Strive to use standard components
Using standard components can greatly reduce the time and cost of design and development. There is no doubt that specifying a complex custom solution will greatly increase the upfront cost of any product and may make the design infeasible. Using more common components can also simplify production.
Product supply chain and reduce component supply problems. Another advantage of preferring standard components is that their footprints are easier to verify before they are used in PCB design.
Rely more on components
As long as electrical components have multiple uses in design, PCB designers should use them. For example, using an enclosure that can also be used as a radiator in a design can significantly save design costs. Another example of a dual-purpose device is to use support as a ground connection from the PCB to the PCB housing through the mounting holes connected on the PCB.
Design modules used in a variety of products
The use of standard parts in a range of products can reduce processing costs and achieve mass purchase costs. This concept can also be extended to product modules. If a module can be used for more than one product, higher production can reduce the cost of the module and ultimately the cost of the finished product.
Design easy to manufacture
Choosing PCB materials that need less processing in the manufacturing process can greatly simplify product manufacturing. Avoiding operation (e.g. the shell must be painted with the appropriate housing material) eliminates the entire manufacturing step and reduces the cost of the product. In addition, ensuring that design components do not produce excessive tolerances eliminates time-consuming and expensive part rework during assembly.
Reduce and avoid fasteners if possible
When PCB is to be assembled, as, with all products, it is more expensive to use fastener mounting components rather than press-fit mounting technology. To take advantage of this, try reducing the use of fasteners in assembly. One method is to use a surface-mount version of the power IC and integrate heat dissipation into the design of the circuit board. For example, switching from the TO-220 version of IC with an external heat sink to the D2Pak version using PCB as the integrated heat sink can save a lot of money in the final design.
minimize assembly orientation
If possible, install all parts along one shaft starting from the same side of the assembly. This is often referred to as a “top-down” component, where all components are installed from the top to the final component. The time required to rotate and rotate the product in the assembly process can be saved by using this single side assembly process. Therefore, as with all design decisions, PCB design engineers must weigh whether to better produce smaller PCBs with components placed on both sides of a circuit board, rather than designing a larger PCB, where the components are only placed on one side of the board (part has the ability to handle single-sided PCB assembly and double-sided PCB assembly).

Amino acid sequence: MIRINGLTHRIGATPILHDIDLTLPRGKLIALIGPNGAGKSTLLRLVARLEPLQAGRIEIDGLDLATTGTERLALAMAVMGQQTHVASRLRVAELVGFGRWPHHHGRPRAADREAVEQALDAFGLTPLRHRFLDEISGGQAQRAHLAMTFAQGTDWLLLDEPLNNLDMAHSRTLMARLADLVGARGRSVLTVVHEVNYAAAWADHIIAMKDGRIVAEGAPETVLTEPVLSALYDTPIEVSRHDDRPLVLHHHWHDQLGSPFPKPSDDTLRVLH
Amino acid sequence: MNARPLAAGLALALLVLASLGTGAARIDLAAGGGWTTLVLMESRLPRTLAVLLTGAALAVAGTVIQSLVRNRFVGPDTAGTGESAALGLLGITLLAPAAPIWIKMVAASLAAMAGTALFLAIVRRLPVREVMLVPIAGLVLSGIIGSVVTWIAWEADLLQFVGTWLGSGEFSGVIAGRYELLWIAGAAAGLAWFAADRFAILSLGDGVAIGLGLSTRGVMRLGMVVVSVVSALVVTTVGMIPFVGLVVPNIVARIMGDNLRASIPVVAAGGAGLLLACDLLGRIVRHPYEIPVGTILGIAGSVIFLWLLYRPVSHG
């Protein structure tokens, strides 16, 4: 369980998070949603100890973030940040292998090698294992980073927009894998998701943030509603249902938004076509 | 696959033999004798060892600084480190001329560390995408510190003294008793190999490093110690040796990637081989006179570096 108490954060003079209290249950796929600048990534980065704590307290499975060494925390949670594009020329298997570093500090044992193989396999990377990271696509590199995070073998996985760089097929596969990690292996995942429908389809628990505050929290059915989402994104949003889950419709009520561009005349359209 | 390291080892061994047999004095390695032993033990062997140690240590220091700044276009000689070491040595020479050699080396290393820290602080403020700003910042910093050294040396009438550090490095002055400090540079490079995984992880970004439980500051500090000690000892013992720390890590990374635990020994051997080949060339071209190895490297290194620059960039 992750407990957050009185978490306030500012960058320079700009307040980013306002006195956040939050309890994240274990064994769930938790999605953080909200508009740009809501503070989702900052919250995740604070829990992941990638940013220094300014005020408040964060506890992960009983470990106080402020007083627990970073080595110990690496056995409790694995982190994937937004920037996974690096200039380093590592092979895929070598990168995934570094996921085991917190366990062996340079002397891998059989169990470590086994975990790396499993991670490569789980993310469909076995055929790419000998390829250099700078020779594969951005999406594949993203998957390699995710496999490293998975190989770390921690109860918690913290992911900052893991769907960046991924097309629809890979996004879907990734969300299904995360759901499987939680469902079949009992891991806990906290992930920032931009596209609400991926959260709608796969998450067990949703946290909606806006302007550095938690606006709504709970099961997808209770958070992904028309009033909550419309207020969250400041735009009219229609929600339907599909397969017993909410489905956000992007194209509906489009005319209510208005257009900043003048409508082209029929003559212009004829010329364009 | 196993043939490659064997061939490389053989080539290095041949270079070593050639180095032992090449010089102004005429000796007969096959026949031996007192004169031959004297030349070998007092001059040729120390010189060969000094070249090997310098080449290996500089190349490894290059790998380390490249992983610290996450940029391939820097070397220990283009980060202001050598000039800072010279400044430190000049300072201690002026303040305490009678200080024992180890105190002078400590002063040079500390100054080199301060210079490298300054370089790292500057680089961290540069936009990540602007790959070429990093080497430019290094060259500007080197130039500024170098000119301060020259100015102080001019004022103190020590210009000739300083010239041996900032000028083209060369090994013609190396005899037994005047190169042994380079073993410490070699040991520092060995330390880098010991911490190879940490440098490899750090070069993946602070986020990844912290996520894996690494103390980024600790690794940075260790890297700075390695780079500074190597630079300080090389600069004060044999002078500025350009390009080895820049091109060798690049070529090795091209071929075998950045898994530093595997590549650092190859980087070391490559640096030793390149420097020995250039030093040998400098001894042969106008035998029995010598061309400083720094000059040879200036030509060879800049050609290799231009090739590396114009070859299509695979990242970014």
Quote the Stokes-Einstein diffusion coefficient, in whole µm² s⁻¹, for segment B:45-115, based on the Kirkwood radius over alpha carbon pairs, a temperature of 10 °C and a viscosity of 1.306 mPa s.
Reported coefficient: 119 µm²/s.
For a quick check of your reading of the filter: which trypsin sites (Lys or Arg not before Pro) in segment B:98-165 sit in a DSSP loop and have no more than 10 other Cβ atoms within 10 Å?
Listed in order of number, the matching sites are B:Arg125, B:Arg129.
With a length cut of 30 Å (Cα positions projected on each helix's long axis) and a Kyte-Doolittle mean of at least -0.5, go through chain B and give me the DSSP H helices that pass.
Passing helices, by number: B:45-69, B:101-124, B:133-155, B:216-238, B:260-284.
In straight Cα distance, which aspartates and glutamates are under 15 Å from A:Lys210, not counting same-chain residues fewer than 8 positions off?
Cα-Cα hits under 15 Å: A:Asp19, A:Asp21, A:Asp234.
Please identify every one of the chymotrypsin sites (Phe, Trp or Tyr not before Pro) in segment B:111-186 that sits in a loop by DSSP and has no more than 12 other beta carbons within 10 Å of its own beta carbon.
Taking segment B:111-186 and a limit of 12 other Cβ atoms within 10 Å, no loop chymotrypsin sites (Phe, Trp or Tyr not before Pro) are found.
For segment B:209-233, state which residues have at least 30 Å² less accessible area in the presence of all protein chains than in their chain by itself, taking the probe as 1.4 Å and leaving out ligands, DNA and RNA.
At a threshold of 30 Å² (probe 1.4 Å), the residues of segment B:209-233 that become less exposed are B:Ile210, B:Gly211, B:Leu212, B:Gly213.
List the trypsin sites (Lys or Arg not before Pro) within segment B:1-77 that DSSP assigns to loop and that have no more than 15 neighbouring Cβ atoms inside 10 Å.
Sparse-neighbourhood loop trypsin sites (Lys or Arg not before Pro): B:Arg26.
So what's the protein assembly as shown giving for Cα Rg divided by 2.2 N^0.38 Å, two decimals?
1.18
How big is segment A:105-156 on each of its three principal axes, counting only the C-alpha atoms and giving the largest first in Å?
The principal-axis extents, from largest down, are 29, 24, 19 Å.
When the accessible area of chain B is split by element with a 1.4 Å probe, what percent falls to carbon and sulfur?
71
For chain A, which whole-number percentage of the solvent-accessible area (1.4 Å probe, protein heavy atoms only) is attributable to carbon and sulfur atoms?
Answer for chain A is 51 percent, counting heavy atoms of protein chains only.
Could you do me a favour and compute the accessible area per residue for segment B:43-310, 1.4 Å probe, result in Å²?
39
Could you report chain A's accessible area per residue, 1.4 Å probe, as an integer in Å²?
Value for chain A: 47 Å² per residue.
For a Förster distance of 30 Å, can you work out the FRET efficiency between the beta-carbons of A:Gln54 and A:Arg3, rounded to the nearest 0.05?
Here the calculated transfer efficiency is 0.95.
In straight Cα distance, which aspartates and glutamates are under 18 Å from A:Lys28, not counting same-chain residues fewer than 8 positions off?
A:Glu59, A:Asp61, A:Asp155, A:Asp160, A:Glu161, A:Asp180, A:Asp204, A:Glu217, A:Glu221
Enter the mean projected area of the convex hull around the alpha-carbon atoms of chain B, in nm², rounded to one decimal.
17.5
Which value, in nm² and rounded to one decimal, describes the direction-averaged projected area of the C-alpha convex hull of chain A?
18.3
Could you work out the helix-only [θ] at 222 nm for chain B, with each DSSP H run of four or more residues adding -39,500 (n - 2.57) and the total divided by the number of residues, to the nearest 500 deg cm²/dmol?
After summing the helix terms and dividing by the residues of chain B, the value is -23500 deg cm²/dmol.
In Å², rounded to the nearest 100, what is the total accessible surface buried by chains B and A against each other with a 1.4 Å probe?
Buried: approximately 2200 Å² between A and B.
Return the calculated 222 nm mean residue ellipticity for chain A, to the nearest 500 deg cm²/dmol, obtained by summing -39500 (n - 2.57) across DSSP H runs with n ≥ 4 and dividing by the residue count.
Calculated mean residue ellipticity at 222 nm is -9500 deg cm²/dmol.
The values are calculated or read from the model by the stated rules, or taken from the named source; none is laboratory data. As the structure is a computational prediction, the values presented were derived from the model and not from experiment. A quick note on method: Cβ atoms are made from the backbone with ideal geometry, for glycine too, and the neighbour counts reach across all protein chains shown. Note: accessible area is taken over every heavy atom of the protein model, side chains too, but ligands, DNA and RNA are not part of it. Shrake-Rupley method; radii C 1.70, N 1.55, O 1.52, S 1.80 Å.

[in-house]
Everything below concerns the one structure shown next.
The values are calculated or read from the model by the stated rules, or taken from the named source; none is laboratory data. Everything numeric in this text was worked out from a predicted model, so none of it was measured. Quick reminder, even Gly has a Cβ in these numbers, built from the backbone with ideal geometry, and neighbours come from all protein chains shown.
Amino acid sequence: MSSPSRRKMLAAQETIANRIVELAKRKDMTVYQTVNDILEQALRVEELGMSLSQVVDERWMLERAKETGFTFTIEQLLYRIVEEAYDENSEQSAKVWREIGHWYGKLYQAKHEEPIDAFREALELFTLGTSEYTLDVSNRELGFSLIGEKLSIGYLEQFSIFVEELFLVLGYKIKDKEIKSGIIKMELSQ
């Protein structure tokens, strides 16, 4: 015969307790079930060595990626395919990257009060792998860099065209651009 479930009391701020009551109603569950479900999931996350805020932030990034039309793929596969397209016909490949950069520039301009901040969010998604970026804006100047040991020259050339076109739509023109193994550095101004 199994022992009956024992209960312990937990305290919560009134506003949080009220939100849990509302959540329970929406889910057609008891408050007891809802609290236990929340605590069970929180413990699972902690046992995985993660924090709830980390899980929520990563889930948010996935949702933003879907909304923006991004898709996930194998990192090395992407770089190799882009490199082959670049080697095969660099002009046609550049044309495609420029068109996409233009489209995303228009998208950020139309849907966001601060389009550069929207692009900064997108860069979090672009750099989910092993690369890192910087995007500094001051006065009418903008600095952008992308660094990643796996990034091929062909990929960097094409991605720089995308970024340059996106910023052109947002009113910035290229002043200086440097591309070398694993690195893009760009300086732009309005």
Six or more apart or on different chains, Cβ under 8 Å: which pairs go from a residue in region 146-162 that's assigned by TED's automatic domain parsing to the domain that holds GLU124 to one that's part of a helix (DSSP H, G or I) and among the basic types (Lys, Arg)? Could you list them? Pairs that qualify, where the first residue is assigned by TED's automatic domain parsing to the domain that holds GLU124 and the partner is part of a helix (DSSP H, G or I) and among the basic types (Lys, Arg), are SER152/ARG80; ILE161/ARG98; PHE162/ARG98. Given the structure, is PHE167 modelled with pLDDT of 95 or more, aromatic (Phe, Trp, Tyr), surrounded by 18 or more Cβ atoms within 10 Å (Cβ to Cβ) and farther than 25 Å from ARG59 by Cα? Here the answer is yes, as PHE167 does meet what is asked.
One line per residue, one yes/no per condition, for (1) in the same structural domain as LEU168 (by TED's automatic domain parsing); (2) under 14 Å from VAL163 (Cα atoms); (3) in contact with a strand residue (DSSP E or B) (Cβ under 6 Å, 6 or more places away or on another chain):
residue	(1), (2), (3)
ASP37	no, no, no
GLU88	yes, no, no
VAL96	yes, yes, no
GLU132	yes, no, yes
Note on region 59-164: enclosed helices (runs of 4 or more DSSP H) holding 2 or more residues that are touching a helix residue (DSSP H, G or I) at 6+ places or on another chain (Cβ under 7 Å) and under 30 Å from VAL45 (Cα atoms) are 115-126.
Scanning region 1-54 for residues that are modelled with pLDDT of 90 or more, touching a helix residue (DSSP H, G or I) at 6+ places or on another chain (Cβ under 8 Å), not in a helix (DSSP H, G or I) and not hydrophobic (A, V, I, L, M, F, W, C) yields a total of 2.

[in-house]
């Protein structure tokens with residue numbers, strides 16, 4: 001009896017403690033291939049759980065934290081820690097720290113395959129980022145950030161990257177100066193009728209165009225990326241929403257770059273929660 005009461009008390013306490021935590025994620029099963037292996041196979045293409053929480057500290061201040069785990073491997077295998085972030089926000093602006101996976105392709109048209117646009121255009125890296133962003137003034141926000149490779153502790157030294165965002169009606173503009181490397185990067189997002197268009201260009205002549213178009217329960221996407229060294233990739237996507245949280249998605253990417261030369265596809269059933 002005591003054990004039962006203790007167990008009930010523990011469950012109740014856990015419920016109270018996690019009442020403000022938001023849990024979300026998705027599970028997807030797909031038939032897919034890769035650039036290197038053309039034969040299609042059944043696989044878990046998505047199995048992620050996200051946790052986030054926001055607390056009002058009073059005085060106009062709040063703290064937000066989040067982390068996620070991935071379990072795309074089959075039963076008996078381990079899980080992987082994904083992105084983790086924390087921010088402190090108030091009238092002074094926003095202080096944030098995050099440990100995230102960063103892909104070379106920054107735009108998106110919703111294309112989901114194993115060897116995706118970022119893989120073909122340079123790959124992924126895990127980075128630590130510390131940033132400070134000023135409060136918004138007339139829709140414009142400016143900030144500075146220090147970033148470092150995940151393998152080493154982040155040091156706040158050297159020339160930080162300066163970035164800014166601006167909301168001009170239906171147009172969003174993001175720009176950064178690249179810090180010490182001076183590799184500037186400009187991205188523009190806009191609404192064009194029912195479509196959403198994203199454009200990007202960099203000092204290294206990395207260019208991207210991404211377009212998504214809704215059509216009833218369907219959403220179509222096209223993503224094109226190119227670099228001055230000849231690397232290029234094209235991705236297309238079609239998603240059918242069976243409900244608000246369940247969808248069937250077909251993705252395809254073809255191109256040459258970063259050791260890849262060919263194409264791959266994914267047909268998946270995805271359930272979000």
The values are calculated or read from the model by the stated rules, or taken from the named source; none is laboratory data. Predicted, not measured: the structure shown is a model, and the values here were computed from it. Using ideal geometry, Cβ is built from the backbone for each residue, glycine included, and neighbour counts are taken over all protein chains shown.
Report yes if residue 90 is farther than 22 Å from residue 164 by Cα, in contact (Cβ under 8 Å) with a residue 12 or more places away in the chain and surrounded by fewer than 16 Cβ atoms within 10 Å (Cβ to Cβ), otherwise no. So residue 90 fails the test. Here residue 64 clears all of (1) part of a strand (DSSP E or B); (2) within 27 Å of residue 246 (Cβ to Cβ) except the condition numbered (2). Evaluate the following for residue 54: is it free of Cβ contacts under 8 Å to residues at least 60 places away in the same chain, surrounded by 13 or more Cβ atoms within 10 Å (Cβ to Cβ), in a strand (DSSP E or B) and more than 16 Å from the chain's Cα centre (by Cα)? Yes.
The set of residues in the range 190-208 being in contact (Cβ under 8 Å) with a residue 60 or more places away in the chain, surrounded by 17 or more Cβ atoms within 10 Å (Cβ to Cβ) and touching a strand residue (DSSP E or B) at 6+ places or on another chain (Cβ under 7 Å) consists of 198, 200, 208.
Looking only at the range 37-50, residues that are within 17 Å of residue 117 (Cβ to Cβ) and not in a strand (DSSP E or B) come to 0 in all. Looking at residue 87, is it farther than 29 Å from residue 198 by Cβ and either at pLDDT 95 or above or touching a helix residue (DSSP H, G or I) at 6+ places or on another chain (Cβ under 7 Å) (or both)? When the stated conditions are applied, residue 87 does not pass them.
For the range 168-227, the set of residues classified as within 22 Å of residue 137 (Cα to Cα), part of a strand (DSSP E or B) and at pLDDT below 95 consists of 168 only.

· maximize component layout acceptance
Engineers should design PCB to reduce component installation errors. This can be achieved by using components with higher dimensional tolerances (higher pin spacing) or avoiding problems such as tombstones. The failure rate of components can be greatly reduced by using parts designed with high horizontal placement tolerance. In addition, using a rigid and predictable size infrastructure can also improve the rate at which components are placed correctly. In addition, machine vision type feedback systems and other forms of feedback enable placement automation processes to significantly increase production.
? minimize repositioning and handling during PCB assembly
Any time the PCB is repositioned during assembly increases the time required to assemble components on the PCB. It is easy to understand that as long as both sides of the PCB and components are installed on the front and back of the PCB, relocation will occur. If possible, use all surface mount components on one side of the board. The reflow soldering procedure may be used to limit the soldering steps of a single soldering component to the surface.
Advantages of PCB design for PCB fabrication and assembly
Fewer parts to be processed
It can reduce the cost of the bill of materials.
Treatment costs can be reduced to some extent.
Labor and energy input can
The overall manufacturing time can be shortened, thus greatly improving the manufacturing efficiency.
The lower the complexity, the higher the reliability.
The products can be more competitive.
Higher profits will be achieved.